Clever readers will have noticed the modifier yet. Because it seems inevitable that someday we will be forced to own one.
Plenty of reviews of the two main readers exist: Sony’s e-reader and Amazon’s Kindle2. But these reviews miss two essential points.
The first is standard creep. My ma loves Guys and Dolls and originally bought the movie on Video Disk. Remember those? They were like record players for television. We had Star Wars, too.
But Video Disk players became obsolescent fast, so my ma bought another version on Beta tape. Yes, I swear this is true. We all know what happened here: she eventually bought on VHS.
The small, weary voice of my father just kept her from buying the movie again on Laser Disc. But she has since acquired a DVD version. I suppose Blue Ray is next.
Same movie, six implementations—so far. Each shift in technology requires a similar shift of funds from our bank accounts.
Here is the problem with e-books: I do not want to be forced to buy, say, Jayne’s Probability Theory each time the e-readers are improved. This is cheating me.
I only have to buy a real book once and I can keep it for life, as long as I don’t spill too much on it. But I can spill some on it and it will still be readable.
Not true for an electronic reader, which is not as forgiving of my cup of coffee as paper is.
Amazon lets you store your purchases from the Kindle2 on a server. You can download them wirelessly, and free, anytime you like. Right now, those who bought the Kindle1 can still read the books they bought for it on their Kindle2. But there is no guarantee this generous policy will continue for future versions.
This is already the case for magazines and newspapers bought on the Kindle1. They will not work on the Kindle2. You have to buy the old copies again if you want to read them.
The second difficulty with e-books is the absence of used books. This is no small matter.
Obviously, real books can be donated, resold, loaned, or otherwise given away. Not so with e-books.
And unlikely to ever be so because of the fear of piracy. Right now, both Sony and Amazon build digital rights management (DRM) into their readers: publishers insist on it. E-books are tied to a singular device or account.
What do you do with the airplane e-novel you read but no longer want? Nothing.
So much for used book stores! The last, best place to browse and discover peacefully will quietly disappear once publishers see the benefits of charging per person and not, as they do now, per book.
And there is the delicious benefit of being able to charge for the same book in each new format.
Think of the college textbook market! No more “buy backs” and no more used copies. This should at least slow down the flood of “new and improved” editions publisher push out in an attempt to eliminate used copies.
There are few things standing in the way of this “progress”. The readers themselves are too costly, but the prices will surely come down. The screens can’t show as much text as on a real page (mathematical equations and diagrams are difficult), but screens will improve.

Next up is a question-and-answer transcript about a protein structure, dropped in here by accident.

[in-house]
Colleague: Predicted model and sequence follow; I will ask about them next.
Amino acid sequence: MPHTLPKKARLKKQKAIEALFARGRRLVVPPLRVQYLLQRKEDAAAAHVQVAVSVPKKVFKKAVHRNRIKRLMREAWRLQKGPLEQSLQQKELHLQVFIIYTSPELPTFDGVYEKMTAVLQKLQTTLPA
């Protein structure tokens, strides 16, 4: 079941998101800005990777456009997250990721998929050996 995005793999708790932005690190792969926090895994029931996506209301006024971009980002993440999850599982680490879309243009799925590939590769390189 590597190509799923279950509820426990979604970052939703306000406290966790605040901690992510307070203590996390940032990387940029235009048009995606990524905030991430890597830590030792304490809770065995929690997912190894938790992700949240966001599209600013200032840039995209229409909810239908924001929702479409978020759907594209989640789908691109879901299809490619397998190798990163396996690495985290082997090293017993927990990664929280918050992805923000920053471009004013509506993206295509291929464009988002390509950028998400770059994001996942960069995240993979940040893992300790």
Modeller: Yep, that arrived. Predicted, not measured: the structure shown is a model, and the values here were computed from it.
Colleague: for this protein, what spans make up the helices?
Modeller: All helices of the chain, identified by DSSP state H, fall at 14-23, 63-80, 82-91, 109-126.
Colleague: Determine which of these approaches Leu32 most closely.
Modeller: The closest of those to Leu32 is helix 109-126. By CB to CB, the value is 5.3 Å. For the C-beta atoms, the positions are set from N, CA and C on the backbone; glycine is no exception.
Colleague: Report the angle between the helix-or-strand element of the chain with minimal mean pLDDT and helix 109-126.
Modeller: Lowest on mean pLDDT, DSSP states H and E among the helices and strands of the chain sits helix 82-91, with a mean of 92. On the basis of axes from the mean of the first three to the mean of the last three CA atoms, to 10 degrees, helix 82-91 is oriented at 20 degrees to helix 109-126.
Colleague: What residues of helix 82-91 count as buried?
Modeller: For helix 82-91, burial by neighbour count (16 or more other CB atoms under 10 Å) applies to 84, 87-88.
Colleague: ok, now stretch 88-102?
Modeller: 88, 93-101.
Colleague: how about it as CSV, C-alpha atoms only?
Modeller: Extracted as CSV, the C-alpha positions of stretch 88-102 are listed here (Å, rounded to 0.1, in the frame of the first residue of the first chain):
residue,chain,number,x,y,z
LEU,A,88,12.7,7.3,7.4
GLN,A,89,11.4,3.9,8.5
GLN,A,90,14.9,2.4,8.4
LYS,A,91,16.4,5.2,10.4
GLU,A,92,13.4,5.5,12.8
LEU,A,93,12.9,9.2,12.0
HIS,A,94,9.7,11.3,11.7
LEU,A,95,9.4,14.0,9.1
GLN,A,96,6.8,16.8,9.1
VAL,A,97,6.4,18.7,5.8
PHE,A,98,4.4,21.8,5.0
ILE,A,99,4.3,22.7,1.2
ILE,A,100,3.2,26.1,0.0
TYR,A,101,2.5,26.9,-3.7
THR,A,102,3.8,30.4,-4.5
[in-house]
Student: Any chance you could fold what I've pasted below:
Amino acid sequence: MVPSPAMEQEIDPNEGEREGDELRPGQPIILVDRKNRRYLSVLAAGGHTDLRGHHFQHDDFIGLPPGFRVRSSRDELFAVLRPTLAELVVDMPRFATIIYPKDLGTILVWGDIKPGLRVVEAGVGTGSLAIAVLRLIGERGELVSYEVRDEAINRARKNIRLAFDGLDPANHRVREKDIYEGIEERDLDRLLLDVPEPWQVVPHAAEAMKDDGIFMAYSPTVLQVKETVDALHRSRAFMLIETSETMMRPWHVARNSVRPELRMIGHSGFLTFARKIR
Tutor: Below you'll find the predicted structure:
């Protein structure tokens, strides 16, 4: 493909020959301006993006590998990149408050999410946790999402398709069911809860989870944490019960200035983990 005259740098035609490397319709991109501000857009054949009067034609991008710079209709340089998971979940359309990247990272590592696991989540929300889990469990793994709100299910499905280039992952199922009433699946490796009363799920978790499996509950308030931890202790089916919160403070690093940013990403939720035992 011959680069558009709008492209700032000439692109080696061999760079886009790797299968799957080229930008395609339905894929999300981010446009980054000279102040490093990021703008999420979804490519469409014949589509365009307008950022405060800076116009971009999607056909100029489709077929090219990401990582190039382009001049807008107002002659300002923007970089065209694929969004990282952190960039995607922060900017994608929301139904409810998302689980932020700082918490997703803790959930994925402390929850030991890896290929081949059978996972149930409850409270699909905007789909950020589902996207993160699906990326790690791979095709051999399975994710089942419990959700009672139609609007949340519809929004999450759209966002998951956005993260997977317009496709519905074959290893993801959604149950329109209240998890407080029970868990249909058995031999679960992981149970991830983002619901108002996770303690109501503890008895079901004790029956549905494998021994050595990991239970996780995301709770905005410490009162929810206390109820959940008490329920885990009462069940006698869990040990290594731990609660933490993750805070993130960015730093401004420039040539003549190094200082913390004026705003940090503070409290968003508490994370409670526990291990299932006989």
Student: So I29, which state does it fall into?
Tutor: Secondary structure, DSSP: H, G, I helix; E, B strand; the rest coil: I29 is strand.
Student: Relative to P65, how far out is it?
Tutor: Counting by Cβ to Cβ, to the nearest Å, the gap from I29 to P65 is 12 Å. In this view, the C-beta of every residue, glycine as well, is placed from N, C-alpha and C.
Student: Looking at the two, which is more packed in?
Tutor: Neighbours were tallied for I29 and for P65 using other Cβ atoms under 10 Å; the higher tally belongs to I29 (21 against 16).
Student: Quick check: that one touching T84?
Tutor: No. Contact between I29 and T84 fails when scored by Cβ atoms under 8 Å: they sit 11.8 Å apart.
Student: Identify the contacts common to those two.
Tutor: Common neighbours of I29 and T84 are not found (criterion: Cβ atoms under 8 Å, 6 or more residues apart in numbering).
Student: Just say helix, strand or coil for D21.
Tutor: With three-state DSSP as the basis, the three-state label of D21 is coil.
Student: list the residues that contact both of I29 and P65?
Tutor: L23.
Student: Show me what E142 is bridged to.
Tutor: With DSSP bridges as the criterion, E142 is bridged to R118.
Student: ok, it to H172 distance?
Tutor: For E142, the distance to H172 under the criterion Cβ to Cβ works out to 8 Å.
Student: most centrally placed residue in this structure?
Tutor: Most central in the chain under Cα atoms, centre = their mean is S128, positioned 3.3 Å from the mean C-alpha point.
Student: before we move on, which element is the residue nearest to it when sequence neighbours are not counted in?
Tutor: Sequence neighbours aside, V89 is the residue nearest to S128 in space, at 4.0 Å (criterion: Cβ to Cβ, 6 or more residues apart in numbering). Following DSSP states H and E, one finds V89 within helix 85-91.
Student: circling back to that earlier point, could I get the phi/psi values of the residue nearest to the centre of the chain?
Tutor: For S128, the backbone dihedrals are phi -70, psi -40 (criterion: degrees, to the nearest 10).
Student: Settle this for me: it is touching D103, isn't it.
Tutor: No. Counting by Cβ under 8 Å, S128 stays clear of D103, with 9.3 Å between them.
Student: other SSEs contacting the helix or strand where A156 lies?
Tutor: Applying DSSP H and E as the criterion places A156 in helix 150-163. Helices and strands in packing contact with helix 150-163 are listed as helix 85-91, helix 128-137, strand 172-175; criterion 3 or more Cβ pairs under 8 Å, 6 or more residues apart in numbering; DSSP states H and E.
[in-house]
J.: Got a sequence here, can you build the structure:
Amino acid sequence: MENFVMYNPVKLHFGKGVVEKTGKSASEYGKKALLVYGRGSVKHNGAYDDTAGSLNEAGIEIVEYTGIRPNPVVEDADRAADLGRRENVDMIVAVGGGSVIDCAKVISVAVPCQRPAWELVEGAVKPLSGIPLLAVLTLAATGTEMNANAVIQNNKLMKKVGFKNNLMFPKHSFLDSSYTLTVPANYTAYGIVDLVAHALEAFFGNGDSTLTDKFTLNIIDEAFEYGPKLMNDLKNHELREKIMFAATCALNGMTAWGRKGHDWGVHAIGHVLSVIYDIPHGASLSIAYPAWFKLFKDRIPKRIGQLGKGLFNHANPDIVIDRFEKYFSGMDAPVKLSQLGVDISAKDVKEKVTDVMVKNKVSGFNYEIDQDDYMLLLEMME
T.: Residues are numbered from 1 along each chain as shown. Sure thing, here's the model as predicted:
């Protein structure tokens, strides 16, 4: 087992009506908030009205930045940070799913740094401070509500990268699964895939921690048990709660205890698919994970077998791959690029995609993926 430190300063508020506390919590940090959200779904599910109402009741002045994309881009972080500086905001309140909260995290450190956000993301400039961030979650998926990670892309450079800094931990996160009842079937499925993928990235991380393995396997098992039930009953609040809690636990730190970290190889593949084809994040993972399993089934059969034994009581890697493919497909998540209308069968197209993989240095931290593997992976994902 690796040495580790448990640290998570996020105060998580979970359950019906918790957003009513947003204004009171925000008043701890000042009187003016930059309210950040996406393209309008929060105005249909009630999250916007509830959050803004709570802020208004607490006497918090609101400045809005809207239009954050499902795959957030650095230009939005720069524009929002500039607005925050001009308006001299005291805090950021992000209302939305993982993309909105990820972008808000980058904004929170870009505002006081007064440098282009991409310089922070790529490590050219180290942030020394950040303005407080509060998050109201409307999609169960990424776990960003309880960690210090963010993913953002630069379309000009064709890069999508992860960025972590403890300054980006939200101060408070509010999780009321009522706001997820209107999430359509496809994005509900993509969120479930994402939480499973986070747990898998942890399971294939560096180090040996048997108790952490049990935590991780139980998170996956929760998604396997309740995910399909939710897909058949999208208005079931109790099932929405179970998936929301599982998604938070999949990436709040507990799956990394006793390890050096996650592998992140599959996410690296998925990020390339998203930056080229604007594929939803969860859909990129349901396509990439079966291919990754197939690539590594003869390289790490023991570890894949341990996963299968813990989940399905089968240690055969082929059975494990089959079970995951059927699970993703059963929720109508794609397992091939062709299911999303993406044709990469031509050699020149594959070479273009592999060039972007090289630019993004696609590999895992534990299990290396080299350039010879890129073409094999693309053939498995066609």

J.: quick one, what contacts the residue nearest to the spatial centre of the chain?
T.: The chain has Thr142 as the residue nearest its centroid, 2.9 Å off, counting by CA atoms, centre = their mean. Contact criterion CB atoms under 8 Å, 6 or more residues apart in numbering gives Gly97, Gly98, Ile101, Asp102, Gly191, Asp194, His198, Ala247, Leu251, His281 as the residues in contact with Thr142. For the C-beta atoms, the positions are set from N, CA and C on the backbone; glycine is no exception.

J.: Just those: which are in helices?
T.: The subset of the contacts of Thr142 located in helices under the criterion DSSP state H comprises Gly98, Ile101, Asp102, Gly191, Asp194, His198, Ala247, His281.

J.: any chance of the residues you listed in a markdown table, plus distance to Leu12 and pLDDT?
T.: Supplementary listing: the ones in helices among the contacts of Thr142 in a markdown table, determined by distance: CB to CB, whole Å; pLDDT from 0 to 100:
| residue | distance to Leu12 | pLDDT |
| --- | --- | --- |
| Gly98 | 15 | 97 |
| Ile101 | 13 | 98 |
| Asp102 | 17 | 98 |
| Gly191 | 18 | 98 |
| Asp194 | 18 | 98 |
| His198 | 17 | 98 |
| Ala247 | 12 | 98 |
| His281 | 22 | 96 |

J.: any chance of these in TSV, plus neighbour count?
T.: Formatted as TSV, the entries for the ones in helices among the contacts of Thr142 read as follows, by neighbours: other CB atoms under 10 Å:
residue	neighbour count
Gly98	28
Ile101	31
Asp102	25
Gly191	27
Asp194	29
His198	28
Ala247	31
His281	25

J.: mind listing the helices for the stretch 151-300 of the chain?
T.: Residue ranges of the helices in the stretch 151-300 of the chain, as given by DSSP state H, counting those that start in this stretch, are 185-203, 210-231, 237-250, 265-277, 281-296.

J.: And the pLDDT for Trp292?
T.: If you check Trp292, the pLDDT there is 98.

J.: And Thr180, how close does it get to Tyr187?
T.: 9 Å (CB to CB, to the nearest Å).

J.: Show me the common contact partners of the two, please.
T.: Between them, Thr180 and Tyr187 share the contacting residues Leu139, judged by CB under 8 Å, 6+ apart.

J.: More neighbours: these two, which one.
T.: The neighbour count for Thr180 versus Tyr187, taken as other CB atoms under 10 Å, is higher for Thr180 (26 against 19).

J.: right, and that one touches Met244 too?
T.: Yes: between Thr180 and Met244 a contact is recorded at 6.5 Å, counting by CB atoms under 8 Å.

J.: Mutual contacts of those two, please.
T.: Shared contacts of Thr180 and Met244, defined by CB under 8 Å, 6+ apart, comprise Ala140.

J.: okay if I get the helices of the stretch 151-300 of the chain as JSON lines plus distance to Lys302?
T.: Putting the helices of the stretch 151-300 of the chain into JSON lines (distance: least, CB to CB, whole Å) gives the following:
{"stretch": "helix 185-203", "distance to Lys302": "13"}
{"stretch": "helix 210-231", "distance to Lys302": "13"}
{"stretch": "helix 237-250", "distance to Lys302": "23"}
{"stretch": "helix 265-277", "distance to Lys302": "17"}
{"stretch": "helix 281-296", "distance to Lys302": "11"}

The annoying flash as pages “turn” will be reduced, or we’ll adapt. Other minor annoyances, like poor PDF support, will be fixed. (I met an Israeli student yesterday who said she could not get any PDFs to work on her Kindle2; Word documents worked fine.)
The paper and printing expense is a lot and can of course be eliminated. This doesn’t bring the per-book cost down as much as many civilians think, but e-books are still cheaper to produce than real books.
New book stores need not, and probably will not, be eliminated. Publishers will still need a way to show off their wares and authors in a social setting. Coffee-shop book stores will survive, but will probably be a lot smaller, and only be stocked with “demo copies” of real books used to taunt you into buying the e-copy.
Publishers are fooling themselves if they think they can eliminate piracy by fancy DRM software. No matter how sophisticated the hard and software becomes, all it will take is five bucks to pay some kid in India to re-type a book into a computer.
They’ll not believe this is true because they don’t want it to be true, so they’ll still spend time and money designing new and cleverer DRM. Eventually, however, it will dawn on somebody that re-typing is just too easy.
So they will insist that the e-readers only display content bought from valid publishers. Users will counter and demand the ability to download personal content. So software will be developed to scan that content to see if it “matches” proprietary material. If the “match” is close, the user will be denied.
At first, the matches will be crude, because publishers always assume they are being cheated. Simply quoting from a book (say, for a school report) will trigger a fault. Eventually, “fair use” will be defined in an impenetrable way, and users will adapt.
Libraries are in trouble. How do you loan DRMed e-books? You can’t give out e-readers. Publishers will be pressured to figure out a way to “loan” books that automatically expire. It will be an easy hack to disable this. Again, libraries are in trouble.
Publishers will be gleeful for a while as the build up of new users progresses. But after a while, and not too long after, sales will drop to very low levels. They will discover that new authors have almost no sales.
A highly-paid management consultant will figure out that, “Hey, it turns out that used books bring a lot of readers to the market. It let’s them discover new authors for very little money, and makes them hungry for new books.” So publishers will have to figure out a way to allow used e-books.
And so, eventually, we will come back to the way things are now.
But it’s going to take a long time.